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A Dictionary for Learning Theological Chinese

From the series Brad Vaughn on Contextualization

Kingdom Speak《国度语汇》by Jo Ann Yau and Qiu Sheng Lung. Hong Kong: Tien Dao Publishing House, 2019, 184 pages, ISBN: 978-988-8279-70-8.

Books, videos, podcasts, and whatever other resources are out there for helping people learn Mandarin—everyone has their favorite suggestions. For newbies, I always recommend the Chinese Made Easier series.

Many Mandarin students spend years trying to learn the basics of daily language and only scratch the surface when it comes to spiritual vocabulary, especially theological language.

Of course, nearly every sending organization has a packet of terms compiled by experienced, in-house workers. Still, I have found many of those documents to be rather general, looking at religious language rather than theological or biblical terminology. While multiple resources exist to explain theology in Chinese, such as theological dictionaries, one must have a strong foundation in understanding Chinese characters in order to glean more advanced concepts. (Here is a basic but free downloadable Chinese theological dictionary).

In this post, I want to spotlight a fantastic resource specifically designed for English speakers who do cross-cultural ministry to Chinese speakers. It is a dictionary of Chinese vocabulary and prayers in English, Mandarin, and Cantonese.

A few features make this resource stand out.

  1. It includes both Mandarin and Cantonese characters.
  2. It’s laid out in a very easy-to-read manner.
  3. The dictionary contains pinyin in addition to Chinese characters, making it usable for both veterans and newer workers.
  4. The second half of the dictionary contains numerous prayers, key phrases, etc. that are helpful for people in actual ministry contexts. I can envision cross-cultural workers returning to this section again and again.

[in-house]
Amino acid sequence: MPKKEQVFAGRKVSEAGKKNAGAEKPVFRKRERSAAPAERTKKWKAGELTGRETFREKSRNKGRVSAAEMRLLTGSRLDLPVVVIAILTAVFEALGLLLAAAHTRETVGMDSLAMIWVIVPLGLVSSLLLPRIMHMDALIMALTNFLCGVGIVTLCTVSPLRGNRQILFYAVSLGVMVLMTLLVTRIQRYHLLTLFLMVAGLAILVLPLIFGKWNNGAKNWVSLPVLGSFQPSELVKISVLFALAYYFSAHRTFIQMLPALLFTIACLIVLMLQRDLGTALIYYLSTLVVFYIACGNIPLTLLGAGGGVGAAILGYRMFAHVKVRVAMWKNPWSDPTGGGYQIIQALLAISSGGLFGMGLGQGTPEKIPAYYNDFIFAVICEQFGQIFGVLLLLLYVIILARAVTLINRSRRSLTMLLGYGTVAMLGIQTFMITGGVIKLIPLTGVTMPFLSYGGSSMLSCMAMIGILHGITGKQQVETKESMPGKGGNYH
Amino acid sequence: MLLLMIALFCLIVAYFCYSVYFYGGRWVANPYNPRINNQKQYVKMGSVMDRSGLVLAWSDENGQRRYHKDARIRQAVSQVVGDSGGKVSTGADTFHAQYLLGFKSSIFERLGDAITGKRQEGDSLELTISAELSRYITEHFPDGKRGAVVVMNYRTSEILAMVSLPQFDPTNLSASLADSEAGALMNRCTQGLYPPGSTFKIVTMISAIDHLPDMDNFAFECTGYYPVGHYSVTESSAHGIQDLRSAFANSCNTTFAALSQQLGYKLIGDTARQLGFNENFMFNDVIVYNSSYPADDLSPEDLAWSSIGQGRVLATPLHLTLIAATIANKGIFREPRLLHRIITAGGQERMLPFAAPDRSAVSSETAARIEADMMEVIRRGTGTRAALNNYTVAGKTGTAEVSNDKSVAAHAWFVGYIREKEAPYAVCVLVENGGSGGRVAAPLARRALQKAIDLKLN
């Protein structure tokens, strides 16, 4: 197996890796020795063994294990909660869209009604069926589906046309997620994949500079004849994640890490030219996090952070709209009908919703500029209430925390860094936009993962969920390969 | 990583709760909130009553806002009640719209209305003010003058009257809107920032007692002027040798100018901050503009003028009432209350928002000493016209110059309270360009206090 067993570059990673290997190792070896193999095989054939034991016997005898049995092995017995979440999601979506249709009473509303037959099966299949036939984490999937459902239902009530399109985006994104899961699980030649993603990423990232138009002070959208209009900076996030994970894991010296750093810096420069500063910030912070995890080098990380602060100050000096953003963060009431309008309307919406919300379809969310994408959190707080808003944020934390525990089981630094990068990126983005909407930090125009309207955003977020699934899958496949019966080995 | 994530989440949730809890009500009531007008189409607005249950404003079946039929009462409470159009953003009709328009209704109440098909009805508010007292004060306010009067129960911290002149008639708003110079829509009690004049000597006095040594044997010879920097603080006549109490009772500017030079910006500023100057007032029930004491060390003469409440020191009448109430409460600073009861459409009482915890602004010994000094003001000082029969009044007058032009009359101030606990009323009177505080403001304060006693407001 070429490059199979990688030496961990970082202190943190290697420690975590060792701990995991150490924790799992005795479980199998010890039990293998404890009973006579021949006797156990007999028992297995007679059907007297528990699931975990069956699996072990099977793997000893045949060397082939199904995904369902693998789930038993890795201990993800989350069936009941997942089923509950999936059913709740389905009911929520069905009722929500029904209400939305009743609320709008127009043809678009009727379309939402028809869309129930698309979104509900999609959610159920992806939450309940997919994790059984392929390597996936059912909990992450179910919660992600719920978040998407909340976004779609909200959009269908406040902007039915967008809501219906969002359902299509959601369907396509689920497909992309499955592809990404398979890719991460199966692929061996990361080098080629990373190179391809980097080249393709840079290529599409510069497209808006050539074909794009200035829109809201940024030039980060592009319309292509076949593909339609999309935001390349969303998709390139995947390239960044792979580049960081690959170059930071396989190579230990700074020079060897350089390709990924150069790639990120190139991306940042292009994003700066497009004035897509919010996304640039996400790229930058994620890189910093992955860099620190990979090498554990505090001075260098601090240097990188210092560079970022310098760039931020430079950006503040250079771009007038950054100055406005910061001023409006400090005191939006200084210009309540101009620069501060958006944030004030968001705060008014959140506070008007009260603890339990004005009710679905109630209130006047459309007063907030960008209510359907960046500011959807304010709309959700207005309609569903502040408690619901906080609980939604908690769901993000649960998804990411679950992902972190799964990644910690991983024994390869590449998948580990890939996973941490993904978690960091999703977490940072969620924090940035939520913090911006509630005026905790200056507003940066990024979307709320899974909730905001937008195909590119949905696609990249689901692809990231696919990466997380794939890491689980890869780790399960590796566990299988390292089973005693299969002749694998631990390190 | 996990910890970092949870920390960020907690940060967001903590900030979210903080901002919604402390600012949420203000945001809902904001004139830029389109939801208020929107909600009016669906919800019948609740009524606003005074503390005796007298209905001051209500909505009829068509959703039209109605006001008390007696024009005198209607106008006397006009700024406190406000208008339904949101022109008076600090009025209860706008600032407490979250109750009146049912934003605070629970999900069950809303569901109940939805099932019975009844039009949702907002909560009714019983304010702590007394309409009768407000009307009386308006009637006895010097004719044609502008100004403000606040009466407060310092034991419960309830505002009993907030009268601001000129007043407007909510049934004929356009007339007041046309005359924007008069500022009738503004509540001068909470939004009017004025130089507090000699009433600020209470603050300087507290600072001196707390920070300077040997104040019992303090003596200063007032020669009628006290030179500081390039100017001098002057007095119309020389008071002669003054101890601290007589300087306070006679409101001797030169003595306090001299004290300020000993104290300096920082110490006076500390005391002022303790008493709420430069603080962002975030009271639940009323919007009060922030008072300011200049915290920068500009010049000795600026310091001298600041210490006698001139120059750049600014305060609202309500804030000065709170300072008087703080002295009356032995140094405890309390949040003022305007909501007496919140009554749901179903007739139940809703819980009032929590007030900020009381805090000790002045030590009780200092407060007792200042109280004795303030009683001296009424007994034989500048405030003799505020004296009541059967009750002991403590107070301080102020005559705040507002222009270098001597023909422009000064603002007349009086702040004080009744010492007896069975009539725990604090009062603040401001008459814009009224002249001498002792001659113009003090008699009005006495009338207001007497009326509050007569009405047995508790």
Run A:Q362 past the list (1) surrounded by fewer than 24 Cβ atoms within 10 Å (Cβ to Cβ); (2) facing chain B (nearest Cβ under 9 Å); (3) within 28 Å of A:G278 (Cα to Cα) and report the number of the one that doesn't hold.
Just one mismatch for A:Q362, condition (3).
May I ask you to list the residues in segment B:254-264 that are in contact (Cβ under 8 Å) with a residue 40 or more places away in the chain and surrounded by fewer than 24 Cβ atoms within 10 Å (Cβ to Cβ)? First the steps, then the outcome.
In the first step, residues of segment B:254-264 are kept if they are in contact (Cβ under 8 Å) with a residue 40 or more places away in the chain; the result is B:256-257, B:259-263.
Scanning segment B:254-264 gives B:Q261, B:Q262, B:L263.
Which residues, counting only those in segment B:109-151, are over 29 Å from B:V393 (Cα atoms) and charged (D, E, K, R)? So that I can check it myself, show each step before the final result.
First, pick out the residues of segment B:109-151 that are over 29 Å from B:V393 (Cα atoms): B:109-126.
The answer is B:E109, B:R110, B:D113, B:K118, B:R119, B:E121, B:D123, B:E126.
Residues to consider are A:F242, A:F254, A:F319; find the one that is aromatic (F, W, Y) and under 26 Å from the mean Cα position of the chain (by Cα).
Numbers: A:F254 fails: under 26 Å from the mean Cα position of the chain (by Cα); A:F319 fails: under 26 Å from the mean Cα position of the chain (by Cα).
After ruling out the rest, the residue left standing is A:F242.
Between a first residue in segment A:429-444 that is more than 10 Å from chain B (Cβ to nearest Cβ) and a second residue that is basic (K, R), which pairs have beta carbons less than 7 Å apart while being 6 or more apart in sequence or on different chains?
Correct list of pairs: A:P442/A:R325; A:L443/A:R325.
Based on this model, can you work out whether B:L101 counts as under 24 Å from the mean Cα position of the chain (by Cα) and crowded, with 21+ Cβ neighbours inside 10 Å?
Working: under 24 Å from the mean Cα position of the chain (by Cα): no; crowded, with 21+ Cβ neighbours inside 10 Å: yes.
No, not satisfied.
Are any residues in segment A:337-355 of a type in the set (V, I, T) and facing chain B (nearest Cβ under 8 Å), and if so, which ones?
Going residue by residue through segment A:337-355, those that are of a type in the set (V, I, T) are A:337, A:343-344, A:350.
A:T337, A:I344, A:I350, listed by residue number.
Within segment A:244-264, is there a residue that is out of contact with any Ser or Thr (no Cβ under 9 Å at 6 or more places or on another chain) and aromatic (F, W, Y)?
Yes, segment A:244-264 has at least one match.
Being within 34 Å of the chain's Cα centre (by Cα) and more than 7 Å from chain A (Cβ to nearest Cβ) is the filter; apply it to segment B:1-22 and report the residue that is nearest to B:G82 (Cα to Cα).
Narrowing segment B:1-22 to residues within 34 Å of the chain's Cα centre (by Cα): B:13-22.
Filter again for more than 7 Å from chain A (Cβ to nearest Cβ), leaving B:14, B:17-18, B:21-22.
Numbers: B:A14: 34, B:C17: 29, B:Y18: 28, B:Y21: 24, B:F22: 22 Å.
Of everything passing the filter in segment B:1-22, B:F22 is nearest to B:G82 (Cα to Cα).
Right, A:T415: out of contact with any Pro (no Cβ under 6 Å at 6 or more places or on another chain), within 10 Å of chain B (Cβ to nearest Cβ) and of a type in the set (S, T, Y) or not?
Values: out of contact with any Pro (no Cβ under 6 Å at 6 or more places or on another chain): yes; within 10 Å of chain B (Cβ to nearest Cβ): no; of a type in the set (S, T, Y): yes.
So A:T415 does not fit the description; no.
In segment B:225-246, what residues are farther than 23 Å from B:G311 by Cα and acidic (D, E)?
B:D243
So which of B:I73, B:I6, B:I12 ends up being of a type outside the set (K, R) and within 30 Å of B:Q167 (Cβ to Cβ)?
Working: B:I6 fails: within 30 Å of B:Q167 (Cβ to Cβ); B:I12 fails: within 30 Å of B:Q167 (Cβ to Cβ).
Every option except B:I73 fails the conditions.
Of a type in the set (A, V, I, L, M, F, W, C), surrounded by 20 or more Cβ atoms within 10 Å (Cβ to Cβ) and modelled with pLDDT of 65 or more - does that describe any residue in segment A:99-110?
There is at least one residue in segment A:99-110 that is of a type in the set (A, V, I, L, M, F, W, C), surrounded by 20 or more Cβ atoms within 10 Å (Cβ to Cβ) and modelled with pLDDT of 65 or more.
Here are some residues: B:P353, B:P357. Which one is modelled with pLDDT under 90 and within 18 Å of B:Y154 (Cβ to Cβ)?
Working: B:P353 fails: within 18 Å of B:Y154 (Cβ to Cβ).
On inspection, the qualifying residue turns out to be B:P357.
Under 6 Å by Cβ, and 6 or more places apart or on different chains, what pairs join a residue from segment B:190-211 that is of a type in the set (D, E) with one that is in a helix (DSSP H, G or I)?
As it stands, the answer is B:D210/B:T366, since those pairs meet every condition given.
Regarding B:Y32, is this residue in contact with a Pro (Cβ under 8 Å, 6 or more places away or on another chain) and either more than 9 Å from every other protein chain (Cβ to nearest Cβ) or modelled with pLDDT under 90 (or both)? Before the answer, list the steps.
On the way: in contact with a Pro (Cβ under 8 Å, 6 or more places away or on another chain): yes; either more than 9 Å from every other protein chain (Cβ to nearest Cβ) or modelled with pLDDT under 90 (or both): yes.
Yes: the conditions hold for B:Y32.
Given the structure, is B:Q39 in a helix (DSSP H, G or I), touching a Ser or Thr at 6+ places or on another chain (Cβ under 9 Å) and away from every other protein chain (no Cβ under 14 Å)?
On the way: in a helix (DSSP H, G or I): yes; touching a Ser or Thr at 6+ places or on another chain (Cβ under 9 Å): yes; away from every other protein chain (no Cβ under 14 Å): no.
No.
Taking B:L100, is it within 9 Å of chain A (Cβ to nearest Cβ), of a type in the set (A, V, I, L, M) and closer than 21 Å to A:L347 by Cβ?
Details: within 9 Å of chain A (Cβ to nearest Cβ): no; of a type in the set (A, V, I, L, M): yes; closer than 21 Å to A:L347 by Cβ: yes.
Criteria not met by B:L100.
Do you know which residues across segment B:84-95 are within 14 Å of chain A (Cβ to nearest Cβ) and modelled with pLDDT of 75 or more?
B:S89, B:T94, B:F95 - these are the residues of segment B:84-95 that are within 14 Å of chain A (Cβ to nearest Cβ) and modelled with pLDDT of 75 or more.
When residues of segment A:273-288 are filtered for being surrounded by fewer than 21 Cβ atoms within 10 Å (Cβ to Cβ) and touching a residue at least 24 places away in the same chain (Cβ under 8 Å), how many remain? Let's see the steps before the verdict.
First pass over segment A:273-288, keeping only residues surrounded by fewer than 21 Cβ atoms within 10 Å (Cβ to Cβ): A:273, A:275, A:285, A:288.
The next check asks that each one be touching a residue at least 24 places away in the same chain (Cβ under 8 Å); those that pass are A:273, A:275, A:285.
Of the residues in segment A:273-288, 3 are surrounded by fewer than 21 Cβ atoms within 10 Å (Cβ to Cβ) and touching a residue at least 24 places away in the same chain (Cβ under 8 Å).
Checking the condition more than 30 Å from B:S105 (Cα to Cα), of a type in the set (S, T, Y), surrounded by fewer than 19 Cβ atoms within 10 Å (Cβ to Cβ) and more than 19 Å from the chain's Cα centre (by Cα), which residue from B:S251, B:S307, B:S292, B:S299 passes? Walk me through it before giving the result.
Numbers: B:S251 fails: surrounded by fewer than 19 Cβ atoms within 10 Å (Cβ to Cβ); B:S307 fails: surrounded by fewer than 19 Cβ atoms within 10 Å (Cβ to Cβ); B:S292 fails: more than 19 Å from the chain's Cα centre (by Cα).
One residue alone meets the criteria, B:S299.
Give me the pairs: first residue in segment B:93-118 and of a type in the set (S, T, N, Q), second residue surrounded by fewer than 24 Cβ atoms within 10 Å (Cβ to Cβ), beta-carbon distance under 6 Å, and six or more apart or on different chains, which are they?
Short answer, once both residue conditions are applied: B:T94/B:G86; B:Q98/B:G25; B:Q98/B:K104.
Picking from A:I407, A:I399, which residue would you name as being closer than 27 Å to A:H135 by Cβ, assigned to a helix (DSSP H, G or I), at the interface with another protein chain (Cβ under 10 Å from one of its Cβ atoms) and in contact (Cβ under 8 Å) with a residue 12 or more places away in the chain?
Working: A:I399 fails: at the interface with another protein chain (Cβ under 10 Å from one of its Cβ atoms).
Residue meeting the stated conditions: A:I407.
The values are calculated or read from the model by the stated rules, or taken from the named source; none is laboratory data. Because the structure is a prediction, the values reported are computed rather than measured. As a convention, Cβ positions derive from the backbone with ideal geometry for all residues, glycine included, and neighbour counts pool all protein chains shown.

Previously, I’ve written several posts aiming to help readers increase their competency in a few specialized areas of conversation. For example:

In addition, I offered a free resource listing all the Chinese characters in the New Testament of the Chinese Union Version (CUV), i.e. the 和合本.

Finally, a couple of posts explore ideas for teaching theology in Mandarin, here and here. Many of the suggestions are applicable to people who teach theology in other languages as well.

This post is also available at Jackson Wu: Doing Theology. Thinking Mission.

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Image credit: Cristina Macia from Pixabay.
Brad Vaughn

Brad Vaughn

Brad Vaughn (formerly known by the pseudonym Jackson Wu; PhD, Southeastern Baptist) is the theologian in residence with Global Training Network. He previously lived and worked in East Asia for almost two decades, teaching theology and missiology for Chinese pastors. He serves on the Asian/Asian-American theology steering committee of the Evangelical …View Full Bio

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